EU regulators have blocked London Stock Exchange’s £21bn merger with German stock exchange Deutsche Boerse.
The European Commission said the deal would have created a “de facto monopoly” for certain financial services.
The merger would have combined Europe’s two largest stock exchange operators.
London Stock Exchange Group said it “regrets” the commission’s decision, as the deal would have created a “world-leading” financial markets firm.
The commission blocked the deal, which had already been thrown into doubt by Brexit, shortly before the UK started the formal process of leaving the European Union.
It is the third time that a merger between LSE and its German rival has failed to come to fruition.
They announced plans for a “merger of equals” about a year ago, following attempts by Deutsche Boerse to strike a deal with LSE in 2000 and 2004.
Coup de grace
However, the merger was dogged by questions about where the joint firm would be based and how it would pool liquidity between the exchanges.
Those questions intensified after the UK voted to leave the European Union.
“Timing is everything,” said Neil Wilson, an analyst at ETX Capital.
“Brexit effectively killed this deal off nine months ago, so it’s fitting that EU competition commissioner Margrethe Vestager delivered the coup de grace just a couple of hours before the UK triggers Article 50.”
LSE warned last month that the deal was unlikely to receive EU approval over concerns that it would limit competition.
On Wednesday, the firm said: “This was an opportunity to create a world leading market infrastructure group anchored in Europe, which would have supported Europe’s 23 million SMEs [small and medium sized enterprises].”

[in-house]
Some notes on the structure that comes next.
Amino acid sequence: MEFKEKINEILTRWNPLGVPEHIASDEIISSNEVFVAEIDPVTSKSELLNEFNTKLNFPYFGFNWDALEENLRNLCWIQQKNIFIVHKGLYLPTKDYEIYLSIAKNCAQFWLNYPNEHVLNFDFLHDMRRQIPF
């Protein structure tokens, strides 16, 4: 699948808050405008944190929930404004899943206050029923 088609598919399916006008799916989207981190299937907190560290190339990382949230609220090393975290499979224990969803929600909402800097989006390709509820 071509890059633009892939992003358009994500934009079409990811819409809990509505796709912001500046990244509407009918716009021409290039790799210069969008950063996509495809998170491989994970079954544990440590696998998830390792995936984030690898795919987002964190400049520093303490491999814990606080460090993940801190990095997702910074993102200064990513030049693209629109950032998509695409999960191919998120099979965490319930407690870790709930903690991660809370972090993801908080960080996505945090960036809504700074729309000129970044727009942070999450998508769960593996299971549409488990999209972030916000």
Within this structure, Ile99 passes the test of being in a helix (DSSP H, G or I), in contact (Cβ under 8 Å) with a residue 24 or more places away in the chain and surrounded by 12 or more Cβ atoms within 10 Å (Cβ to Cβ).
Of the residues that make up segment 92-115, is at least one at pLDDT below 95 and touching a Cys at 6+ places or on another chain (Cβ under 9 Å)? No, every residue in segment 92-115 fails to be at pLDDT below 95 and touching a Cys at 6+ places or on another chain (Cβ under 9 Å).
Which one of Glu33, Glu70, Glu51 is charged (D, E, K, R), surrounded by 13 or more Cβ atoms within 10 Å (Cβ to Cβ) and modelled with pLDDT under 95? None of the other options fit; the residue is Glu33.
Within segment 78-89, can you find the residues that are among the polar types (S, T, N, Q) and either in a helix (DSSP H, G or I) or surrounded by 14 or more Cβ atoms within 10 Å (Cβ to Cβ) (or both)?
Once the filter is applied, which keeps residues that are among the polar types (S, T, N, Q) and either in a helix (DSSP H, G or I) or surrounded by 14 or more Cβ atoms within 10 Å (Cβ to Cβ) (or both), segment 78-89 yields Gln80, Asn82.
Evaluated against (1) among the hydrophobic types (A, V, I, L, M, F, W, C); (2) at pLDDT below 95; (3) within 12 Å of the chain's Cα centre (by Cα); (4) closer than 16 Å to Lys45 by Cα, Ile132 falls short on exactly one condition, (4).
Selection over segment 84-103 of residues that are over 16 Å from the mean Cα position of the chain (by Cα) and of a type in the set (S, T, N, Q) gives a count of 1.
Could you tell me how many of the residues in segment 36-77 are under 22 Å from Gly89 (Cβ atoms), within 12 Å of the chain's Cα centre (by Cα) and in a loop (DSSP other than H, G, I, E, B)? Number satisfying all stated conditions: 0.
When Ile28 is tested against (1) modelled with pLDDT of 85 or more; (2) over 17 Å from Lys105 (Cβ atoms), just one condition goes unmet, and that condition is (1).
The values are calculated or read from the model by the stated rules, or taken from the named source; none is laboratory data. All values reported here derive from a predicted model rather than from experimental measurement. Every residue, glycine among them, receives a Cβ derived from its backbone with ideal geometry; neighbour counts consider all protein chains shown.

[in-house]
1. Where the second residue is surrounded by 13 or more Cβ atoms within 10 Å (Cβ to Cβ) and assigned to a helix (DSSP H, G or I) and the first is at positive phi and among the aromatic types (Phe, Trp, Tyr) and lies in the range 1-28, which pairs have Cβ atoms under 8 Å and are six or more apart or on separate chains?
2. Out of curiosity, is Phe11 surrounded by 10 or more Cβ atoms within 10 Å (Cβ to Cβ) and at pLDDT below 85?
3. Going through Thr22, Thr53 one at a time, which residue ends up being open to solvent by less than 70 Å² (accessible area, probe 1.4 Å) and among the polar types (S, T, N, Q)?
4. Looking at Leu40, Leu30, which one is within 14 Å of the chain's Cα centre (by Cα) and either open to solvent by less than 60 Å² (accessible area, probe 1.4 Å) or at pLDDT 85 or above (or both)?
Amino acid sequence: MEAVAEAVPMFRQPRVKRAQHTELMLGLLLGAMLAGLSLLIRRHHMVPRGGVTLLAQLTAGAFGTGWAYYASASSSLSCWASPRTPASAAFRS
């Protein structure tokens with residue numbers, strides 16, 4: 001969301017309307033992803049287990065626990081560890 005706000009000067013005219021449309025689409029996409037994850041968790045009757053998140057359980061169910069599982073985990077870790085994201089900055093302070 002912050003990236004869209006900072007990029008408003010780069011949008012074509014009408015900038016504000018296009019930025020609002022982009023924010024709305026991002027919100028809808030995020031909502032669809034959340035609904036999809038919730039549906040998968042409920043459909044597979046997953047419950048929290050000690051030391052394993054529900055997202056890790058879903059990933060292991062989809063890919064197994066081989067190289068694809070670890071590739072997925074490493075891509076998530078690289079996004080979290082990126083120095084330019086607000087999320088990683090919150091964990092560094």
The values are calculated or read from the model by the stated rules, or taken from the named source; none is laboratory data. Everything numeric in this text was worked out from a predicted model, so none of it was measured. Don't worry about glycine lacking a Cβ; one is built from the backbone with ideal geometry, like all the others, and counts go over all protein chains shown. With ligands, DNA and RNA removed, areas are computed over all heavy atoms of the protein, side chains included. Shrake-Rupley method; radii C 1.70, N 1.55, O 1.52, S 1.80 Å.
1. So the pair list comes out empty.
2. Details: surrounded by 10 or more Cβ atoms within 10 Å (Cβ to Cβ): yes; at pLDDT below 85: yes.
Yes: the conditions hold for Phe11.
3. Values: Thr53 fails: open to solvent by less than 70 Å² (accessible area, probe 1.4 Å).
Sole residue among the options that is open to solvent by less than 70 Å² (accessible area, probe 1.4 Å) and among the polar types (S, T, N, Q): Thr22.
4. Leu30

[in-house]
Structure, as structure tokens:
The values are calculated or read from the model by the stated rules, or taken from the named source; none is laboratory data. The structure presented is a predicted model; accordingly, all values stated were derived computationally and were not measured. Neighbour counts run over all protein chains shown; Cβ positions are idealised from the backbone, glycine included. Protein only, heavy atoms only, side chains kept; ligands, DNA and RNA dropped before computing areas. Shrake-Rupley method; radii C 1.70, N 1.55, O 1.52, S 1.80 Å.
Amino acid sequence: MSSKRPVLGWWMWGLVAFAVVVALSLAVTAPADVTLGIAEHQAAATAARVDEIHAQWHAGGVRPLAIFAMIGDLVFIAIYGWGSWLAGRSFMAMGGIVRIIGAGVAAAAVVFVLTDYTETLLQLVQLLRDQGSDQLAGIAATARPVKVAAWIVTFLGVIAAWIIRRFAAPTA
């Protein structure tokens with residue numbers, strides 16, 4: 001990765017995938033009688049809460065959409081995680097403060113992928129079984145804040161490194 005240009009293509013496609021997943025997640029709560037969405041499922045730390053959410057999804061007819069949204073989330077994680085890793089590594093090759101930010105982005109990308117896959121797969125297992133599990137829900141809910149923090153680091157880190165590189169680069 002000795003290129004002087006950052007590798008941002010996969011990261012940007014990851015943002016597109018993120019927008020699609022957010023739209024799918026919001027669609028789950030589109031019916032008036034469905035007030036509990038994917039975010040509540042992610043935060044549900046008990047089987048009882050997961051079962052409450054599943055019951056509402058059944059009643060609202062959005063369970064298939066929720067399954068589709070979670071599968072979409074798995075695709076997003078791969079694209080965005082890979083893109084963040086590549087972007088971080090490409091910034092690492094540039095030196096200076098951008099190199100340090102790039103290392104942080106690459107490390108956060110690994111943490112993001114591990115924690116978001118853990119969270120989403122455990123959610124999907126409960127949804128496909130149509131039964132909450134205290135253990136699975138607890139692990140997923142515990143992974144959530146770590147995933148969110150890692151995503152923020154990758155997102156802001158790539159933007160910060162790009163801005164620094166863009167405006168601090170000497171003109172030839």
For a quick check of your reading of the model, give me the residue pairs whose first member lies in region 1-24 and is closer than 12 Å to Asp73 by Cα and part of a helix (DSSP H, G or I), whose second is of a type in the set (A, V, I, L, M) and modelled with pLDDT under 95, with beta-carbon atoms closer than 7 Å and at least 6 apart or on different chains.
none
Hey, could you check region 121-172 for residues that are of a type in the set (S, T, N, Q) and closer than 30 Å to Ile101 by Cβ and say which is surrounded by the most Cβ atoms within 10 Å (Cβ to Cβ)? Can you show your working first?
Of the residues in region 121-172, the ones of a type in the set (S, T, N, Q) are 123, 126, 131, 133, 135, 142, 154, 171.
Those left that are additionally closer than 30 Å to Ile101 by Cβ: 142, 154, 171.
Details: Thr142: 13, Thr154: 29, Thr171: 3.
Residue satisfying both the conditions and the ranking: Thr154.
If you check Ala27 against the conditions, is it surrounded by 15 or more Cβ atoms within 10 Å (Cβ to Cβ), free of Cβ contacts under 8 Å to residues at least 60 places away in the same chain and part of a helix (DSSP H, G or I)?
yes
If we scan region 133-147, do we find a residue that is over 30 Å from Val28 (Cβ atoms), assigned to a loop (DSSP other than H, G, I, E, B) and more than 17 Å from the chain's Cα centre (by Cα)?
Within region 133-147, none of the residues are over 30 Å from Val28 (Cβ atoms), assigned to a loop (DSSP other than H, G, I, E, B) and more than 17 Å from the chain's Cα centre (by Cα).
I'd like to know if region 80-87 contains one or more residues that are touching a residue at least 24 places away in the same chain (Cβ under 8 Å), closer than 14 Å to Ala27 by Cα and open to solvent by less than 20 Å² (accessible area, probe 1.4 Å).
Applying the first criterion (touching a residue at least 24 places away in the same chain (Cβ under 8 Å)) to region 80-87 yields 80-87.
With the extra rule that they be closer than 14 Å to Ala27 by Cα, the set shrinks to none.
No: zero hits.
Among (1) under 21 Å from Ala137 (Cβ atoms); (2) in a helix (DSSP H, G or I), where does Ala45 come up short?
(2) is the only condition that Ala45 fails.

The UK’s stock exchange operator has been a takeover target many times since 2000. Mr Wilson says the collapse of the Deutsche Boerse merger might encourage new bidders, possibly from the US.
But he says new national interest rules about takeovers of UK firms could make any deal even more difficult.
The final blow to the deal came from EU regulators’ concerns about the combined firm’s control over the clearing of bonds and fixed-income products in Europe.LSE, which also operates the Italian stock exchange and has other businesses in Europe, had offered to sell its France-based clearing house to deal with those concerns.
However, the commission decided that this remedy did not go far enough.
Margrethe Vestager, the EU commissioner in charge of competition policy, said: “The European economy depends on well-functioning financial markets.
“That is not just important for banks and other financial institutions. The whole economy benefits when businesses can raise money on competitive financial markets.”
The commission had ordered LSE to also sell its 60% stake in MTS, a fixed-income trading platform, but LSE said the move was “disproportionate”.
Investors responded positively to the deal’s collapse, he added, with shares in LSE rising by more than 3% and in Deutsche Boerse by 1%.